Why do chinese restaurants insist on having "secret" Chinese menus their English-Speaking customers can't decipher?

I'd say Americans like their food moderately spicy (in general) certainly compared to various parts of the world--Latin America, Europe, Americans are a bit spicier in taste preferences. I can't speak about Asia though. All in all, Americans are probably somewhere in the middle on the scale considering the world. They're certainly not the squeamish anti-spice people they're made out to be.

Oct 01, 2014
Wawsanham in General Topics

Good vs. Bad Pizza: Is there such a huge difference?

Pizza... It combines the basic favorite food groups for a lot of Americans: BREAD, CHEESE, TOMATO-BASED RED STUFF (tomato sauce, ketchup, salsa--all three are all over the US over all kinds of dishes).

Oct 01, 2014
Wawsanham in General Topics

Let's talk about white bread

Isn't the category "white bread" bigger than just "wonder" or "bimbo" bread? What about all the crusty rolls, sourdough, baguettes, etc...? Lots of white bread all over the place--especially if you think of American, Latin American, French, British, Italian bread traditions.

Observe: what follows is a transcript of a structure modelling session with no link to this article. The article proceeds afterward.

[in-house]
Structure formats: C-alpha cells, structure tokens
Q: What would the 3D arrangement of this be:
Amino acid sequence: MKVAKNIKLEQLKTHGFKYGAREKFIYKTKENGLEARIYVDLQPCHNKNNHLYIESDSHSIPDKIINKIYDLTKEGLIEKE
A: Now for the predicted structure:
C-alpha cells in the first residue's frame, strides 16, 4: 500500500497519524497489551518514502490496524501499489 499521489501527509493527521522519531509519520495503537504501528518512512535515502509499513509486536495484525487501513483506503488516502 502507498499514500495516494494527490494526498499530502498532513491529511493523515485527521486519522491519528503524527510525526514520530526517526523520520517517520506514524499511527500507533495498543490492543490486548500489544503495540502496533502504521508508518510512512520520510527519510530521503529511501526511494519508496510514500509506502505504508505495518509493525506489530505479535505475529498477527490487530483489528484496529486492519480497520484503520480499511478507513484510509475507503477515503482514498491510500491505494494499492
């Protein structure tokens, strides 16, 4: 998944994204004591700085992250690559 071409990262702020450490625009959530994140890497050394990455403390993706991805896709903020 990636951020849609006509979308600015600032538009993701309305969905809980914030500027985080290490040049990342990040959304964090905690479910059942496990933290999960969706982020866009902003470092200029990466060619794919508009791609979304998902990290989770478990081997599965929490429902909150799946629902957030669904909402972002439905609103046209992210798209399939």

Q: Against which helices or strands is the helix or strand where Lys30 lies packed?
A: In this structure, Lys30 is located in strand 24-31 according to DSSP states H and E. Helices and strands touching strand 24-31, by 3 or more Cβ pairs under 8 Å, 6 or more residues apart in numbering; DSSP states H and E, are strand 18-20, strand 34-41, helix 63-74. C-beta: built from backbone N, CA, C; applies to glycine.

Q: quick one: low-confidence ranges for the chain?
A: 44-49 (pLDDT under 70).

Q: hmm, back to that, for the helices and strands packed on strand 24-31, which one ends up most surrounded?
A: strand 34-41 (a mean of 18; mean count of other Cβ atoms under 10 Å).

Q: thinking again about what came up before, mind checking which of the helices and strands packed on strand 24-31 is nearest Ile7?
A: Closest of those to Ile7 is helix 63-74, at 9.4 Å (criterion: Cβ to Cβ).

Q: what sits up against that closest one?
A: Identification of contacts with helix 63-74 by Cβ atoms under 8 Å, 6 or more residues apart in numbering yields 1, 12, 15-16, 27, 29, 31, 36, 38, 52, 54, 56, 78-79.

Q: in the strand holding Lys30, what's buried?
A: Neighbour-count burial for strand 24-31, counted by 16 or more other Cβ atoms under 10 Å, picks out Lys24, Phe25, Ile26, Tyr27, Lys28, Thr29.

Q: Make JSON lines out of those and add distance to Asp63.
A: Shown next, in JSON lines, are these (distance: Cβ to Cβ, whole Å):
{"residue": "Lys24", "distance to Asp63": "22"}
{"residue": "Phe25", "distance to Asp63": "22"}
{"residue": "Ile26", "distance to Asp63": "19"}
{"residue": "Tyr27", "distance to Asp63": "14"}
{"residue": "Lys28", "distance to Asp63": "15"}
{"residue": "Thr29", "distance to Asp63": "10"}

Jul 14, 2014
Wawsanham in General Topics

Why boil brats?

Well, I don't know about boiling it in beer--seems a bit gussied up and twee. As for boiling, that's the main way I know them. For me, the grilled version is the exception--grill parties, maybe street food in Germany. My mom and grandmother were German, and at home we ate them about 3-4 times a month (a staple)--ALWAYS boiled.